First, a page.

The humpback whale is one of the largest baleen whales that you are most likely to see in Greenland. It can be 15-17 metres long and weigh up to 35 tonnes. It is easily recognisable from other whales by its up to 5-metre long flippers. Typically, also by its sensory nodes on the head and distinct tail flukes with a white underside, which it often displays before diving.
The humpback whale is very plump, heart-shaped and about 3 metres high. It likes to jump right out of the water and land with a huge splash.
During the summer (April-November), the humpback whale eats enormous amounts of krill and small fish in Greenland waters, often in fjords and close to land. Just like the fin whale, it can fish underwater with an open mouth, and it also has a unique technique where the whales work together to blow air bubbles out under or around shoals of krill and fish, whereby they are trapped inside and more easily caught.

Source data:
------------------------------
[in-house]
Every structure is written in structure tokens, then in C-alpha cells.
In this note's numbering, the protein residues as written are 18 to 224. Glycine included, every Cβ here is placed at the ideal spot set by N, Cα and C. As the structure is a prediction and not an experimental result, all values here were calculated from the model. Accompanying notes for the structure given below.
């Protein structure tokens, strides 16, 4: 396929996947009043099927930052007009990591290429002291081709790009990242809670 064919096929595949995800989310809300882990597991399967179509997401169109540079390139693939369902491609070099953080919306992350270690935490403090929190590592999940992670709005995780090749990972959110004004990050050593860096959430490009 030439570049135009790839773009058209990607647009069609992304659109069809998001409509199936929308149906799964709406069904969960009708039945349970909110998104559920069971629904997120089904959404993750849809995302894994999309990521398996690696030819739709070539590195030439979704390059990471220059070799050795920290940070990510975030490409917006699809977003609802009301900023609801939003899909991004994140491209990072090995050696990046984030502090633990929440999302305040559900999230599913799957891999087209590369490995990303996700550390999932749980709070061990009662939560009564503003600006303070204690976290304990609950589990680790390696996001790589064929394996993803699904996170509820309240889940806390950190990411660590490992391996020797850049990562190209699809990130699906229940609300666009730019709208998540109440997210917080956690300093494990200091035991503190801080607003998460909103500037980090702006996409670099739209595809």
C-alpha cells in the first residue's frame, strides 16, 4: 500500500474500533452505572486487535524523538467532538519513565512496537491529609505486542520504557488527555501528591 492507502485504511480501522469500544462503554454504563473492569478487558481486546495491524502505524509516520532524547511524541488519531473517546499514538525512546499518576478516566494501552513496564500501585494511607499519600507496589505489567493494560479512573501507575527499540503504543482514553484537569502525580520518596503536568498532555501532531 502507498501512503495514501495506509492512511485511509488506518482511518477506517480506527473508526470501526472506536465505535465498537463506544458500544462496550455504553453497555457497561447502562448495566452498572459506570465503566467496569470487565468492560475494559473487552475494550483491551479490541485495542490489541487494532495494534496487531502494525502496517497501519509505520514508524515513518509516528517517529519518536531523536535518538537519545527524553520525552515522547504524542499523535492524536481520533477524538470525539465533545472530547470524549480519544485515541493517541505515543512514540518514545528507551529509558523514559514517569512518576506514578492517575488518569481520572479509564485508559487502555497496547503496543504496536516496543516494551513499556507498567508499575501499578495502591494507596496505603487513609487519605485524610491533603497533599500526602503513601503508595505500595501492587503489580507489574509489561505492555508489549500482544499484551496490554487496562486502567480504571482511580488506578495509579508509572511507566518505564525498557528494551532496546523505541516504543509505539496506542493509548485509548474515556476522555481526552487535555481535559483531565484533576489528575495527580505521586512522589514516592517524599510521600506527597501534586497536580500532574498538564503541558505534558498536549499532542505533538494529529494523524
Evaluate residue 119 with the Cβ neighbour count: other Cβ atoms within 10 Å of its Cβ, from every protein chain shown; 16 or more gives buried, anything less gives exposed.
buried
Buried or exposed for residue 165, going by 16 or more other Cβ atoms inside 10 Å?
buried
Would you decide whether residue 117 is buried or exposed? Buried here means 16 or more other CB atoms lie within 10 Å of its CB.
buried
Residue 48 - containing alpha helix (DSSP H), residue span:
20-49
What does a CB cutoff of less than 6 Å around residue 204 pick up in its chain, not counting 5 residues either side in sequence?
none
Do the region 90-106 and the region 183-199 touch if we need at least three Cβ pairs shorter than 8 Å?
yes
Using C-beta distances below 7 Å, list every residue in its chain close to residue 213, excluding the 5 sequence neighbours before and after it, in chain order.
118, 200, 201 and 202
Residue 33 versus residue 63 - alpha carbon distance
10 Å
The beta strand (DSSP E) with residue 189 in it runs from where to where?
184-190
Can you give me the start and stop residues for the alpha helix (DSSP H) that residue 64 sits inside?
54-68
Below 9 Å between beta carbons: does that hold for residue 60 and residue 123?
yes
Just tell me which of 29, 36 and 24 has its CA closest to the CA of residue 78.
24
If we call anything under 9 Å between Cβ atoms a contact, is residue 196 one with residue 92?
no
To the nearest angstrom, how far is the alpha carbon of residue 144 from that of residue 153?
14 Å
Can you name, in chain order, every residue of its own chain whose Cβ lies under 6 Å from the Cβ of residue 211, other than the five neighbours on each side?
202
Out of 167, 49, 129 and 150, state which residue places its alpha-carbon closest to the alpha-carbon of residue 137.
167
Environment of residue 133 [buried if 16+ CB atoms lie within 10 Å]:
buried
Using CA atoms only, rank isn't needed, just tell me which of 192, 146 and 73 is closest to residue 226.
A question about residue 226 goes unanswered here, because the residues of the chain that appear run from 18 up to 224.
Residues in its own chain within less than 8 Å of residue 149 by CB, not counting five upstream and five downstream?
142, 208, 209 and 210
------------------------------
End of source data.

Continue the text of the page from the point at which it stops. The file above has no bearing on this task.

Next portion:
The population of Greenland humpback whales is at least 6,000 animals, and almost all meet in winter in one specific location in the Caribbean, namely the Silver Bank off the Dominican Republic. It is a journey of over 6,000 km each way, every year. They mate under the warmer skies, and the following year, the female gives birth to a calf measuring 4-5 metres and weighing 1.5 tonnes.